The boys weren’t being all that bad, but they were 4. And they began doing things the girls didn’t like, one of them being, to throw dirt in their direction, not maliciously, but still, close enough to annoy the girls.
After a couple of rounds of telling them to stop, Annika and her friend became more agitated. Annika began yelling at the boys and telling them she did not like that they were throwing dirt at her and her friend.
Then the name calling began.
“You rotten green beans!” She shrieked. I don’t think the boys paid any attention, to them, that probably wasn’t much of an insult.
But I knew where she had gotten it and I pulled her aside to tell her that name-calling wasn’t appropriate.
It was then that I realized that the color inside the insult had more of an impact on her derision.
“But, but Mama, that boy…. that boy….”she sputtered. “That WHITE boy threw dirt at ME!”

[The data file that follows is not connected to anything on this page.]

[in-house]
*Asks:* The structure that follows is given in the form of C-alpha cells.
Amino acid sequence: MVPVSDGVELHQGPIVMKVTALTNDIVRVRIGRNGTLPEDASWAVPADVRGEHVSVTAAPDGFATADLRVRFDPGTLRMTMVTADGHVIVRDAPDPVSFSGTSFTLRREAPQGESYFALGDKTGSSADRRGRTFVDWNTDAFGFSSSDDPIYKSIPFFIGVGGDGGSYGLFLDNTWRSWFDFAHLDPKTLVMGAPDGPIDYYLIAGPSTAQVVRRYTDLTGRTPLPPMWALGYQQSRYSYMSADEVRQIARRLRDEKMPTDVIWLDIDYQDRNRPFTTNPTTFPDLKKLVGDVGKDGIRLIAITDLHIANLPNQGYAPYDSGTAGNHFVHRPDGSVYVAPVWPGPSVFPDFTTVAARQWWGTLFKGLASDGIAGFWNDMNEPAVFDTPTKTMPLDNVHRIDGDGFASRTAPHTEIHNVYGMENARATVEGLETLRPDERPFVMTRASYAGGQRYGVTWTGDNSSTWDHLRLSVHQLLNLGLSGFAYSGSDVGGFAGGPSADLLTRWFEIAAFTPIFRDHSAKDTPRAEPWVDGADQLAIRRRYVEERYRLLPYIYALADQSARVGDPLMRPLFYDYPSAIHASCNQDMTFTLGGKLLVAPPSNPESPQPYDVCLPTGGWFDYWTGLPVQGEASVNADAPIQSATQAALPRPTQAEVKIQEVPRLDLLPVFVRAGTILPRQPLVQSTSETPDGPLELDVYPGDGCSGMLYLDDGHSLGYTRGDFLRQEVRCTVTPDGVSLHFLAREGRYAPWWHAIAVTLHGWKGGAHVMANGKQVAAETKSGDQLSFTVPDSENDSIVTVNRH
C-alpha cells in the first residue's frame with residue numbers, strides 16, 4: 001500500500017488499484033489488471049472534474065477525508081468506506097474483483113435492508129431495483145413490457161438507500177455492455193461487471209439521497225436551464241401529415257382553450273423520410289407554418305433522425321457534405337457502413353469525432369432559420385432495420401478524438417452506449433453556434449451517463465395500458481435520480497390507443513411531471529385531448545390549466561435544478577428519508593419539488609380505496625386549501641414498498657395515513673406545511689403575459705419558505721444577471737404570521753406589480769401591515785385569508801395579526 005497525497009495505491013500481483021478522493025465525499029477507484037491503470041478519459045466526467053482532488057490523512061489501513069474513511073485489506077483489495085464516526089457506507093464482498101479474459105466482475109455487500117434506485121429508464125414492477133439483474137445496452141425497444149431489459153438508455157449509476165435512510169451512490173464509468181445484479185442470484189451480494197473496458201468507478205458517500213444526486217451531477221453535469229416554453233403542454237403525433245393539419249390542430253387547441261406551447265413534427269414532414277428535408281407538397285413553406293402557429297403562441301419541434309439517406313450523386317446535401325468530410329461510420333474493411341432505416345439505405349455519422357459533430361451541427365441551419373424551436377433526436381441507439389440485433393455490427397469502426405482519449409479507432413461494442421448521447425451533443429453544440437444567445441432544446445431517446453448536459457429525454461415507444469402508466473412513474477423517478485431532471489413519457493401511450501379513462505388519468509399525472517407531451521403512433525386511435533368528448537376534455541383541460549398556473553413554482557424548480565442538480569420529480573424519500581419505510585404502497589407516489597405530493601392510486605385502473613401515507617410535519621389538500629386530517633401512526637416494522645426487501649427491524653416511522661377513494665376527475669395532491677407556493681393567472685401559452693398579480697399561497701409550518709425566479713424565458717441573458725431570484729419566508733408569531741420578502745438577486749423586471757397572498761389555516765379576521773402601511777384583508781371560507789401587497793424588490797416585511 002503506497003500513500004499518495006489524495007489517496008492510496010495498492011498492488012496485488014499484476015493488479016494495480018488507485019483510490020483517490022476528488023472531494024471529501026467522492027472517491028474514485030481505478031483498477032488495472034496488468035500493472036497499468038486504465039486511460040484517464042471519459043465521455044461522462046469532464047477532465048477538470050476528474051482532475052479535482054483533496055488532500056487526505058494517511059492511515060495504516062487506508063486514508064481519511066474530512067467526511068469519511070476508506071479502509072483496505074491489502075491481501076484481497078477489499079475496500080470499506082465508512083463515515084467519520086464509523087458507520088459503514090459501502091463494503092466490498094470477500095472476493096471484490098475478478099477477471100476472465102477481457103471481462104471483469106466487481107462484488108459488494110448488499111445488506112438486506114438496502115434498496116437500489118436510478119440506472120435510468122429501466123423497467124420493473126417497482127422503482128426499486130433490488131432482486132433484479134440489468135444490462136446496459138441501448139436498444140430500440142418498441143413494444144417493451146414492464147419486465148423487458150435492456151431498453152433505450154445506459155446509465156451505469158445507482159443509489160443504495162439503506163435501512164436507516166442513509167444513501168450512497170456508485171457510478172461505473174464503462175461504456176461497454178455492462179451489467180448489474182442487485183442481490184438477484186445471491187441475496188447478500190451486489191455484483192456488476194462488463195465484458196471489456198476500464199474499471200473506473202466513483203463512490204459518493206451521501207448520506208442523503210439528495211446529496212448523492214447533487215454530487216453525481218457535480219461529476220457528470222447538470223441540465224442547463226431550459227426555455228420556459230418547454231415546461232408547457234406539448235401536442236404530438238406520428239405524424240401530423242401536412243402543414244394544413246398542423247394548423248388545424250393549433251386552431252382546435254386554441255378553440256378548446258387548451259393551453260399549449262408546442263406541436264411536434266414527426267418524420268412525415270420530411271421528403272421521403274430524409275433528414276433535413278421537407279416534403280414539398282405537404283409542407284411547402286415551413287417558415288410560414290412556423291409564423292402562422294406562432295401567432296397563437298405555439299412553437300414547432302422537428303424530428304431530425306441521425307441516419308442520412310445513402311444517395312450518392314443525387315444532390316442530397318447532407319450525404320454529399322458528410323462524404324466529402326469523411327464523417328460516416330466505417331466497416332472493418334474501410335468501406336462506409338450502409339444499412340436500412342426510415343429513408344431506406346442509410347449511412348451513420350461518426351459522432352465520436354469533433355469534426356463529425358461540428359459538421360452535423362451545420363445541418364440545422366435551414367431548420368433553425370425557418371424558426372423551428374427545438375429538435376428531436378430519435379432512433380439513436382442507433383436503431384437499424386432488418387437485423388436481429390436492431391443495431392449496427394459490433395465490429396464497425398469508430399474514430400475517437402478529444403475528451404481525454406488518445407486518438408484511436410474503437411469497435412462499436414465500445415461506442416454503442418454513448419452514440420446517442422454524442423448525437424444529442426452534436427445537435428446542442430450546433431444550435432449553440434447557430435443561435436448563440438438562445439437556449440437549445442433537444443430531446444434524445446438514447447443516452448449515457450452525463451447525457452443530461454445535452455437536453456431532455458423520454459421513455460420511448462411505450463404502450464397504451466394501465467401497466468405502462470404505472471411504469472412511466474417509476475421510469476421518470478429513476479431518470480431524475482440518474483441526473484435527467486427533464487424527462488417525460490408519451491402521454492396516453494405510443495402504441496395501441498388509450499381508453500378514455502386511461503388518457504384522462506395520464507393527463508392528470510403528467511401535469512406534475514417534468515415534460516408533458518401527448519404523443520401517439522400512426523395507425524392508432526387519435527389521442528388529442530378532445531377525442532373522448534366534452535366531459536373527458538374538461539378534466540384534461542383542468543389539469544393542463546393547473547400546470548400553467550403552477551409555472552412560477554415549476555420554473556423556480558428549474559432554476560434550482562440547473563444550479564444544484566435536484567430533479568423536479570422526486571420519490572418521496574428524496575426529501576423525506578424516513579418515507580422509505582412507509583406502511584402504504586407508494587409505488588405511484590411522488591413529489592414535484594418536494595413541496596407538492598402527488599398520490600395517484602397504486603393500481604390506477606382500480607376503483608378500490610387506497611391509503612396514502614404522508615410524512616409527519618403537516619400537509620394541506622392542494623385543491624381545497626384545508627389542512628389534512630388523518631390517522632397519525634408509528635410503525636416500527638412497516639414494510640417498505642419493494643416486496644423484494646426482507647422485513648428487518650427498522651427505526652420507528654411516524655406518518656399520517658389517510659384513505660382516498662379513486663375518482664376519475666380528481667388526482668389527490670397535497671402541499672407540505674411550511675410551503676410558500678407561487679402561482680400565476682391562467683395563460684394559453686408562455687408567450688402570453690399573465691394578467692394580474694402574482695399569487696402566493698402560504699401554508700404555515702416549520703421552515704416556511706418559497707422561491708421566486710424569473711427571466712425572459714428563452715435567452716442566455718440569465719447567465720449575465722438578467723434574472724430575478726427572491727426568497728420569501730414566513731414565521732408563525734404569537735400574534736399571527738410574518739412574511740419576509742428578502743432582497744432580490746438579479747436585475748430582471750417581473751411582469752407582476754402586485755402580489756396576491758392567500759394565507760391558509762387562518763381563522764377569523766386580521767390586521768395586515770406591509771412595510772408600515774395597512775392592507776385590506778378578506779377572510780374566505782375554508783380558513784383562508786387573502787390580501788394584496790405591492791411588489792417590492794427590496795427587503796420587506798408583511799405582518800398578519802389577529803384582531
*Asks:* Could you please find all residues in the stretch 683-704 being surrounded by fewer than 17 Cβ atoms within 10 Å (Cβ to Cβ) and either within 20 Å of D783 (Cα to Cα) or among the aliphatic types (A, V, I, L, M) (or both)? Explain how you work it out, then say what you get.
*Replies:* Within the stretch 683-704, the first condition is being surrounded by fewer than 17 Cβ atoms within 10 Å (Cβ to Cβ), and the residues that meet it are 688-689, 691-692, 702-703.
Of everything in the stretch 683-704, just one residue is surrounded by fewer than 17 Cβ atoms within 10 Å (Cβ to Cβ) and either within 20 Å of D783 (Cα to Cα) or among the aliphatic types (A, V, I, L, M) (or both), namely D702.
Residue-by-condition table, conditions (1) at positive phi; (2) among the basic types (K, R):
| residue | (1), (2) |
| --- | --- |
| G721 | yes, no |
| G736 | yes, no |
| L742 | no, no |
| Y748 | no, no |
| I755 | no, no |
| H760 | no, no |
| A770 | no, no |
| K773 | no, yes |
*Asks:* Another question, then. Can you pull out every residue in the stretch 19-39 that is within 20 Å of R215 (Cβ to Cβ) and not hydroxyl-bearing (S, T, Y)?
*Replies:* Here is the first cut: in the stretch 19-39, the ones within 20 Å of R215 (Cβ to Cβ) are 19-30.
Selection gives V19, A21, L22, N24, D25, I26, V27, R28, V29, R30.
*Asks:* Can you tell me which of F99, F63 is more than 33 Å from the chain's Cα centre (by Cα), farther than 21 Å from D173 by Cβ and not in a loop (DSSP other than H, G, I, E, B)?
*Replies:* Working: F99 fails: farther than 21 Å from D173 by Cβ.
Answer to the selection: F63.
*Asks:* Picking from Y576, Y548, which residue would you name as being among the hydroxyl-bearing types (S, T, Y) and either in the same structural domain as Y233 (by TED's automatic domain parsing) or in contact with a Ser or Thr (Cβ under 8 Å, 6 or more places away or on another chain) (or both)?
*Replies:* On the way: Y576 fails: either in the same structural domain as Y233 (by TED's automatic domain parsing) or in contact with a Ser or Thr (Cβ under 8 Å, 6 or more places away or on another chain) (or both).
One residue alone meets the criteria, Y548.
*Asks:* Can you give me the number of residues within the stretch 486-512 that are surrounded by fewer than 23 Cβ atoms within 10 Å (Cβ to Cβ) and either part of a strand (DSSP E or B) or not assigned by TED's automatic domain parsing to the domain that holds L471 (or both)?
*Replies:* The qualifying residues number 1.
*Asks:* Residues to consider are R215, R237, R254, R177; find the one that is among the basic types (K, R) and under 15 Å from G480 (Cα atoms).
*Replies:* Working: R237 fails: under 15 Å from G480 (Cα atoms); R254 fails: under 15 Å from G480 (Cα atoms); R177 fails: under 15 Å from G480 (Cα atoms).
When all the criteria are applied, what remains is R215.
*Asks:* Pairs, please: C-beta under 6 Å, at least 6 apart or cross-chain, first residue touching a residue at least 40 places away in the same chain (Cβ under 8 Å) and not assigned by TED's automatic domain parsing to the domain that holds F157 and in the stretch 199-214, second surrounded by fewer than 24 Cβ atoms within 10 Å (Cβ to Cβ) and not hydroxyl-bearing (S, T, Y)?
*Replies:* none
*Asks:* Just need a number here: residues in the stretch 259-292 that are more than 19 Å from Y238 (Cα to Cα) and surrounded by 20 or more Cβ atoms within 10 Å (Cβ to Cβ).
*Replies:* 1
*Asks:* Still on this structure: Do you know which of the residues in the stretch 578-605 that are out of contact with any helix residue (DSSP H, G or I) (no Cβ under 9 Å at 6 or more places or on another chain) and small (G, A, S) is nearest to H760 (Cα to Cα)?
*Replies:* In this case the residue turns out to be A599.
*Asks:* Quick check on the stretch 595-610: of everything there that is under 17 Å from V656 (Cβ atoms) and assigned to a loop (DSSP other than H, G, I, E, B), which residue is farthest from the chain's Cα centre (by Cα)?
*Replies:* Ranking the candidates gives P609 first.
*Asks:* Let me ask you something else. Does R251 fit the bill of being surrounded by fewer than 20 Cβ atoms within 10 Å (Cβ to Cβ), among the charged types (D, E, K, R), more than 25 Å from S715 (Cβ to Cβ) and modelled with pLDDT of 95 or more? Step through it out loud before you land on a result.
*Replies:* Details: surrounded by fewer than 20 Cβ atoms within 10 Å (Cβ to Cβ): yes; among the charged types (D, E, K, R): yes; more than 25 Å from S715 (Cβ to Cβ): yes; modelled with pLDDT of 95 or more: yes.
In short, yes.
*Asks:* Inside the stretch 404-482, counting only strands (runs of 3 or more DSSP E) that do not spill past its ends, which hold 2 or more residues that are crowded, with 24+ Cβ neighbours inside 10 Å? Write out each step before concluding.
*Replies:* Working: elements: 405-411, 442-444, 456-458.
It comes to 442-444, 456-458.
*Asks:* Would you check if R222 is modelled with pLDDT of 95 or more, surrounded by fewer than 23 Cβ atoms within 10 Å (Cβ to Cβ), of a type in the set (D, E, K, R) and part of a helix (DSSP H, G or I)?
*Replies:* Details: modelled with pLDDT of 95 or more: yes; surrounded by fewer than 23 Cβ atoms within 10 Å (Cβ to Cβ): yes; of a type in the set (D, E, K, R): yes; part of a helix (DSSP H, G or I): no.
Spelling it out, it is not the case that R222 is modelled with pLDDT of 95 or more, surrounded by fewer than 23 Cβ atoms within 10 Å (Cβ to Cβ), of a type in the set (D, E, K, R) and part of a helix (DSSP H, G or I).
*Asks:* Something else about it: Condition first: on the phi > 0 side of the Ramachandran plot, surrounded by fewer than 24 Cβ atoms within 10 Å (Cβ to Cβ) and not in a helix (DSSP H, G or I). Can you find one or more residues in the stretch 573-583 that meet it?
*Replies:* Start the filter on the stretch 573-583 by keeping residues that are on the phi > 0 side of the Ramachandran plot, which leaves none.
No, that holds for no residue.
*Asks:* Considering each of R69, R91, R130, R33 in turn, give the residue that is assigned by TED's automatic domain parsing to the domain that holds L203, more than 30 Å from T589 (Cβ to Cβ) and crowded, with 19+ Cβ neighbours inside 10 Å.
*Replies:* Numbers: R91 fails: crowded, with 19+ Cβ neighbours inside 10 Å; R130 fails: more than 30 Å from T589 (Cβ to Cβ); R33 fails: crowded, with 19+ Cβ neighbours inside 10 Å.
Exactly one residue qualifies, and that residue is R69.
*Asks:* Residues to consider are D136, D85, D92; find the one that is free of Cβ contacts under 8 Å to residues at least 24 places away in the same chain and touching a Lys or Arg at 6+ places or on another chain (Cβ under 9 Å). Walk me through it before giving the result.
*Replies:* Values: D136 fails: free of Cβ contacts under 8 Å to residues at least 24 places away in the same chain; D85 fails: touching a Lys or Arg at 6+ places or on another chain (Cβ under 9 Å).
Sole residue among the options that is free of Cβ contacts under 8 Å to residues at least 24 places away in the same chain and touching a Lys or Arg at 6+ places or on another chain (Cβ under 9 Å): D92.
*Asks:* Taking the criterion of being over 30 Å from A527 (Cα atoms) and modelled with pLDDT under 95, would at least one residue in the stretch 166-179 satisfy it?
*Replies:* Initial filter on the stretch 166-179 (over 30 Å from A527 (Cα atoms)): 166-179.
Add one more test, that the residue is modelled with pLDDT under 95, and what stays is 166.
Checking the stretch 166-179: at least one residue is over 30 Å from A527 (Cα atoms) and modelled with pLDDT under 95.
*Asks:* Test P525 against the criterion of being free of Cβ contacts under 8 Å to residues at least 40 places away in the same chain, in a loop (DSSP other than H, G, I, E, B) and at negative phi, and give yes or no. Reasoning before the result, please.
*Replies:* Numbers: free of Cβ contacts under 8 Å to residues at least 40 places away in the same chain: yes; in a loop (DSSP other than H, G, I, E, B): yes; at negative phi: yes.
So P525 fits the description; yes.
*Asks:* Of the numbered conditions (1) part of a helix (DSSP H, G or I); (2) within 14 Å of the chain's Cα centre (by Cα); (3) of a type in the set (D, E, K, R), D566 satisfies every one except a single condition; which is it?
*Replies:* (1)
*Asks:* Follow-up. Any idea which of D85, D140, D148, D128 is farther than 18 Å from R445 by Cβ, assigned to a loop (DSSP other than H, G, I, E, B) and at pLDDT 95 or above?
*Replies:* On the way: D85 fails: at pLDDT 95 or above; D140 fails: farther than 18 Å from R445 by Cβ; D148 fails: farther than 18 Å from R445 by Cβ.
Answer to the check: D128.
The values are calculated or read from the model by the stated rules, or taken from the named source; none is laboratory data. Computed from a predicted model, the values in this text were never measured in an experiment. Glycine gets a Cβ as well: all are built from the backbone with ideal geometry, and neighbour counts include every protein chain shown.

Since I’m a single mom, I have glimpsed the future, without cosleeping, something that many/most AP moms don’t get a chance to do.
It’s a sad, ironic future where you can finally sleep alone without the twisted torture of a child mangling your body while you sleep. But you miss it. You miss the child. You wish for the mangled body because with mangled body and sleepless nights means a child who needs you and holds you tight, whispering, “Mama,” in the middle of the night.
For the first two years I lived by the same mantra that many AP moms do when feeling cramped and frustrated during insomniac nights, “Don’t complain, because when they’re older, you will miss it.”
Then for me, it came. The nights alone with the child gone out of the house.
I can say this without hesitation.
Trust me. You will.